The snow is gone at sea level so get out and make your photographs.

Note this photo are there any things that make this interesting to you visually. How it was framed? Positioning of the subject? Why did I make the horizon line off kilter?

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The dawn of a new year has brought some memory of those who have passed.

We are rapidly coming up to the anniversary of Larry Burrows death.

For those who do not know he was a gifted art photojournalist who died when his helicopter was shot down during the Vietnam conflict on
Feb 10, 1971. His camera a Leica and remains were found 27 year later in 1998. The helicopter containing 3 other young war journalists exploded in the air when hit by 37mm South Vietnamese anti-aircraft shell. Photo portrait here is taken 3 days before his death.
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Here is his what is left of his Leica 27 years after the fact. click the thumbnail.
burrows-leica
Check this link out for more info…The Online Photographer

Arne Naess

‘Like Wordsworth, he lamented the attenuation of such awareness in later life through loss of contact with animals, plants and significant places.’

arne-newspaper

It must be all about loss. Losing what you have without knowing until its gone.
Will it be too late then I guess its up to you isn’t.

Once you are gone…who cares…is it all about you?

Anyway just a couple of thoughts Arne was a Norwegian and mountain climber to boot.

Inspired by reading Rachel Carson’s Silent Spring (Silent Spring spurred a reversal in national pesticide policy—leading to a nationwide ban on DDT and other pesticides) Incidentally Canadian David Suzuki was inspired by the same book……..READ IT

He threw himself into the environmental work founding Deep Ecology which concentrated on soft technology and non-interference in the natural world…. he believed that you had to confront technology and economic growth.

Today we have economic growth at the sacrifice of everything, food quality, everyday consumer products with toxins and the geography of the environment.

He believed, through his personal philosophy “ecosophy” ecological harmony/equilibrium that human beings can understand by expanding their narrow concept of self to embrace the whole planetary ecosystem.

Now there’s an idea maybe its not all about you after all maybe we should forward think to make a better more survivable world.

Not really a surprise he remained pessimistic about the 21st Century up was pretty optimistic about the 23rd.
when he figured population control results technology would be non-invasive and children would grow in natural environs.

We are on the cusp of change and who knows where that will lead. Maybe war, or some other upheaval, technology will have to change otherwise we will be destroyed, will we revert back to more simpler times in more natural sustainable environments? These are future questions.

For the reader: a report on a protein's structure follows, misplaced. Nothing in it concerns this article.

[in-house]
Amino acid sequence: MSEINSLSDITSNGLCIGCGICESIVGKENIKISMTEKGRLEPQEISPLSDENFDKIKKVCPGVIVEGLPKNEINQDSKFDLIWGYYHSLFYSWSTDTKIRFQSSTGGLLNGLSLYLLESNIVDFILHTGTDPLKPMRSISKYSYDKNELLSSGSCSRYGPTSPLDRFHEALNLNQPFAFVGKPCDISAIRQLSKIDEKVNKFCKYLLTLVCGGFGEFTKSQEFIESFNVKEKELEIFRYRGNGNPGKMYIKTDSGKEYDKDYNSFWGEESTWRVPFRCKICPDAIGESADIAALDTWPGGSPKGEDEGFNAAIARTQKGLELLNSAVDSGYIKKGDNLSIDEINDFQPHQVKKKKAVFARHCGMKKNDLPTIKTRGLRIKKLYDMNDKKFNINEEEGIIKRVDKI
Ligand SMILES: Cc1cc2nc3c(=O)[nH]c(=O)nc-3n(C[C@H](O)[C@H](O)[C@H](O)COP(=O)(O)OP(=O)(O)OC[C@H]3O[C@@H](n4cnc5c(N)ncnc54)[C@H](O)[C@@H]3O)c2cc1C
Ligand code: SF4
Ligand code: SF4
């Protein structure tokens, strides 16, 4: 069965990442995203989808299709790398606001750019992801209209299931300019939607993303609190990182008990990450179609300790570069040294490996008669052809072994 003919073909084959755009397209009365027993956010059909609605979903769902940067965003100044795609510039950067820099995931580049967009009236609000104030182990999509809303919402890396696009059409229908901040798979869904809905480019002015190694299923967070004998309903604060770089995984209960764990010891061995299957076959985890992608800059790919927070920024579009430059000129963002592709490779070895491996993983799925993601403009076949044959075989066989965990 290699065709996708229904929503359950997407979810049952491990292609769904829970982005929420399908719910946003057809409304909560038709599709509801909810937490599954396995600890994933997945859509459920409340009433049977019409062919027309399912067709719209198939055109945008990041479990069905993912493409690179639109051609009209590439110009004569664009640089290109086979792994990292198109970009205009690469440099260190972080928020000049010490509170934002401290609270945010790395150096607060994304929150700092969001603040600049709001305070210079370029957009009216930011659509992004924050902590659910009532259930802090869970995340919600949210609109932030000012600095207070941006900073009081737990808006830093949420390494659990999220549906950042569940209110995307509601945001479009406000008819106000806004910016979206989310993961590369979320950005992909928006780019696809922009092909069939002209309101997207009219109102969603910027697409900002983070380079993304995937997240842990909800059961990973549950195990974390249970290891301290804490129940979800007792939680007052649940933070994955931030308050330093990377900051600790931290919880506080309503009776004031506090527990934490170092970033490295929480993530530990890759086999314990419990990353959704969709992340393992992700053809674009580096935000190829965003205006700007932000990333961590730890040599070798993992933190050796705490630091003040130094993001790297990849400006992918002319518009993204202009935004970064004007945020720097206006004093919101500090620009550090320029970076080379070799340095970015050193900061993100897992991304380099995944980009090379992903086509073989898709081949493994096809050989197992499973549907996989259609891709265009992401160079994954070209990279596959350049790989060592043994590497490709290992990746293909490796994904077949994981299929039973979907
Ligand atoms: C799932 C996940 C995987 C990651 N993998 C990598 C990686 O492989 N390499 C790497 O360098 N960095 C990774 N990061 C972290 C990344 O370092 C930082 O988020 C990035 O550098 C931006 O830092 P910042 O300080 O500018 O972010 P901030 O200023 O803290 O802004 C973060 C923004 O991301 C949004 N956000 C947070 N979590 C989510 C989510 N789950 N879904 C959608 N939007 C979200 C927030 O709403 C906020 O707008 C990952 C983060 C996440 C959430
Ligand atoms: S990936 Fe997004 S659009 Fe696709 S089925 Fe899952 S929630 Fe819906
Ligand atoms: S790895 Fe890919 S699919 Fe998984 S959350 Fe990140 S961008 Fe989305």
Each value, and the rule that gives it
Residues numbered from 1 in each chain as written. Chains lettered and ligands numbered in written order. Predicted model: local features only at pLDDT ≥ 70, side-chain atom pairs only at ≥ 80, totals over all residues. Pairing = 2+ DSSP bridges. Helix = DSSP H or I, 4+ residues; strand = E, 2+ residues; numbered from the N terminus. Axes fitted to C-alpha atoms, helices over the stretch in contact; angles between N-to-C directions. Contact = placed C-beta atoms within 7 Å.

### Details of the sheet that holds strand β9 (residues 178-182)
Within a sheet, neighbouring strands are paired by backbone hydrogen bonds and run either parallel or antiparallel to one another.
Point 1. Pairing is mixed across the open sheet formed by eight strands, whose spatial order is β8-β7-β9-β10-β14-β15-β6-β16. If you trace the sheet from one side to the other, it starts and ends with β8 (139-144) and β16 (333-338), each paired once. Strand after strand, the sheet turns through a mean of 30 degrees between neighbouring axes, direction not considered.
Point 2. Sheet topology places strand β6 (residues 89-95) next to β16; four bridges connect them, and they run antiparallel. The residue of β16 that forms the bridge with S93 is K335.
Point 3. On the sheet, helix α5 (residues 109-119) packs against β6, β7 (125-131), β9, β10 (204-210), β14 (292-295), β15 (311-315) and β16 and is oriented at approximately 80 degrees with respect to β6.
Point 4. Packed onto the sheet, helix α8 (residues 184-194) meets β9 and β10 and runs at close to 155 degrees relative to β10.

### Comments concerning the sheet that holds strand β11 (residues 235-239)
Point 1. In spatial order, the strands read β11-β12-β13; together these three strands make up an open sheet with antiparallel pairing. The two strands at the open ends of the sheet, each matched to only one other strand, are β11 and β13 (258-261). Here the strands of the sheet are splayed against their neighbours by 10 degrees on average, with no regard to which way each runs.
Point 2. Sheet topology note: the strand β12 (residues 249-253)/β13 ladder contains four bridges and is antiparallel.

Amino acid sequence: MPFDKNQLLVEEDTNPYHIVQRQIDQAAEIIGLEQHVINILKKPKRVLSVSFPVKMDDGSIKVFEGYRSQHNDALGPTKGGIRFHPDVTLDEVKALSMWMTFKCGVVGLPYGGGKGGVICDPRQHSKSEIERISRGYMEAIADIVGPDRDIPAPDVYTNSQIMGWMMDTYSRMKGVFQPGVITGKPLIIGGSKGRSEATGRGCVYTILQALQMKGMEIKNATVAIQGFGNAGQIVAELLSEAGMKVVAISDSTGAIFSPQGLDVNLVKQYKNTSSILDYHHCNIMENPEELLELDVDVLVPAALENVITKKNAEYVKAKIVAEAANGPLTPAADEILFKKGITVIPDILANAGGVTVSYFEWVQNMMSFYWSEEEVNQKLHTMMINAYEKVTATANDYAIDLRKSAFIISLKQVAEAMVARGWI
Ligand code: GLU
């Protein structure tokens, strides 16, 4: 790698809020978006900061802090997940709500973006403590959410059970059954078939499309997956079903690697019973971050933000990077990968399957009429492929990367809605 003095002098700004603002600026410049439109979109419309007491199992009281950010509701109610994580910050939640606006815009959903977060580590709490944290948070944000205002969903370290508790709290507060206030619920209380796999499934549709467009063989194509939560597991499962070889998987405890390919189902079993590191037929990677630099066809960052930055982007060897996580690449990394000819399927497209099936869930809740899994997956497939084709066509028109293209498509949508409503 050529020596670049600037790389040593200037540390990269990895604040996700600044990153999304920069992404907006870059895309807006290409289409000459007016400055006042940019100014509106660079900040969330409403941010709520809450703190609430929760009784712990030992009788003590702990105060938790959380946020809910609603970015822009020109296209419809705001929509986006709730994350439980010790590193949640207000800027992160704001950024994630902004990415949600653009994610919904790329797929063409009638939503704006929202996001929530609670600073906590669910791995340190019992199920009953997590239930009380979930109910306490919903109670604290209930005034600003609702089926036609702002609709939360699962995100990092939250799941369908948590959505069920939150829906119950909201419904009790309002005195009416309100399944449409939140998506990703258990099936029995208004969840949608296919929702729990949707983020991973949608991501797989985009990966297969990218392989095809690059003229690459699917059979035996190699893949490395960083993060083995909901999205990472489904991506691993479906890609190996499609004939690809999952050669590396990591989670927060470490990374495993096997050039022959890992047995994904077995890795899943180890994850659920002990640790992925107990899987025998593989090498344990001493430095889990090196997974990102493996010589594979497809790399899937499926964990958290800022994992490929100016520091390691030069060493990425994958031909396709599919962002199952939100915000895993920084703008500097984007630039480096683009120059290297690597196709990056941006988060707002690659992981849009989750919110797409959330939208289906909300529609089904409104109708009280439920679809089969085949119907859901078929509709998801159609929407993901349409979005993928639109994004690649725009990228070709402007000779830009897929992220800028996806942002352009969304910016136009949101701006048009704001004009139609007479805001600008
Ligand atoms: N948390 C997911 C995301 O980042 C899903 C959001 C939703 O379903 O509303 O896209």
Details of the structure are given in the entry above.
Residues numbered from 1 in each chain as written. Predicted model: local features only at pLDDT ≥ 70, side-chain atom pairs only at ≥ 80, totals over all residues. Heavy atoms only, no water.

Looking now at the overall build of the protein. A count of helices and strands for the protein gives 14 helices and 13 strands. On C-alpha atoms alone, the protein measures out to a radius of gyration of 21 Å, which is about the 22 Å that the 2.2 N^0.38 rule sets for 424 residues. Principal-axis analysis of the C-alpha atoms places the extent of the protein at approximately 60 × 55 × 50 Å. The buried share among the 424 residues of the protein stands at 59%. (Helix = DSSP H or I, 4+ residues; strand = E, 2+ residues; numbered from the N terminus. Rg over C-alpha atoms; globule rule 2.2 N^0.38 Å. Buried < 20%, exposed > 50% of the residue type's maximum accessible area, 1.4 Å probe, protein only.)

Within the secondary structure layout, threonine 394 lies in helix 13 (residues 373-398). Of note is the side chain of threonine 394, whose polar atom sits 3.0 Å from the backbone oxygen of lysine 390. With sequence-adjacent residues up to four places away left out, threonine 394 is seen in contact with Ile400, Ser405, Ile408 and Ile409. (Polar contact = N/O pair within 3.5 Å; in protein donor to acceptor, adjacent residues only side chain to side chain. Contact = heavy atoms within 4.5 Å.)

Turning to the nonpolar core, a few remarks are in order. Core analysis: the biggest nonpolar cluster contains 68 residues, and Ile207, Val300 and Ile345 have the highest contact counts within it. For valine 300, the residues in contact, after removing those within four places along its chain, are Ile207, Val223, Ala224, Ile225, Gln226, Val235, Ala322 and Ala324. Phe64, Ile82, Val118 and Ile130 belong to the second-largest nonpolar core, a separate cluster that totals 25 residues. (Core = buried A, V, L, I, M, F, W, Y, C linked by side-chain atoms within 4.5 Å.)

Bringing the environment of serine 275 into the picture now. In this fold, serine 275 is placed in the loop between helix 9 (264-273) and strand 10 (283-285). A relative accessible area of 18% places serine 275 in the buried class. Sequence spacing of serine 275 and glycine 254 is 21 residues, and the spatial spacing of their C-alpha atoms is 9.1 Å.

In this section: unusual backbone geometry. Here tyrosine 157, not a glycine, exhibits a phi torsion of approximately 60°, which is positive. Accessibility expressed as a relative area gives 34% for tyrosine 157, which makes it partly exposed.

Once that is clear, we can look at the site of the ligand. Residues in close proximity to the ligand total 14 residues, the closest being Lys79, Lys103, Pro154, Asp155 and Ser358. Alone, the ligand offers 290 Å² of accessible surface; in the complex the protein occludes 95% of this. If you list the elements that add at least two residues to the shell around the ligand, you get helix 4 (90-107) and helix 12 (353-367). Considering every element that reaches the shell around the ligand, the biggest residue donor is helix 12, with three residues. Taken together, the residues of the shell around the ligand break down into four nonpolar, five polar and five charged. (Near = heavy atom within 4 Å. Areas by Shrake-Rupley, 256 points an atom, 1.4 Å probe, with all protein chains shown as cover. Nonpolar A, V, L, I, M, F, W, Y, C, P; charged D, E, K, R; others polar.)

Arne Ness led an expedition to climb Tirich Mir 7690m in the Hindu Kush in 1950. He passed on January 12 2009 at 96. He was exuberant, and full of frolic compared to Dalai Lama and Gandhi. More at The Guardian.arne

Bob May

Adventurer Arctic Legend and Pioneer

Son of a park ranger ( Manitoba’s Riding Mountain National Park) and committed naturalist parents ( father was an entomologist) Joined hudson Bay Company in early 1930’s at 17.
At 18 went to Northern Baffin Island. and adopted traditional Inuit life as only “qallunaq” white man in region and assumed duties as doctor, teacher, trader and nurse. Became an expert in arctic survival. Guided a McGill University research team in that time period members said ” Bob May can out-eskimo the Eskimo.”
In early winter 1939, he almost perished with 3 other Inuit in an ocean storm 30 Km off the east coast of Hudson Bay. They lashed themselves to the deck of their boat to be kept from being washed overboard. Two months later on a hunt trip they ran out of food after 14 days. While the others were looking for caribou he chopped through a metre of of ice and caught a small trout. Four days later he managed to kill two caribou. The next day the others returned with more food. It was minus 35 the whole time.. He was an original member of the Canadian Rangers the arctic militia group. During WW2 they provided information that was vital for transatlantic military flights.
Over the years he overcame many trials the environment presented, produced a large family, became a well known and respected guide, and a champion of Inuit culture and the arctic environment. Passed in November 08 at 90.

I was fortunate to ski in the Esplanade Range in the Northern Selkirks with Golden Alpine Holidays A truly amazing experience. Super alpine guides great food and fantastic lodges. Recommended if you like powder, safety oriented experienced fun-loving guides and terrific mountain scenery.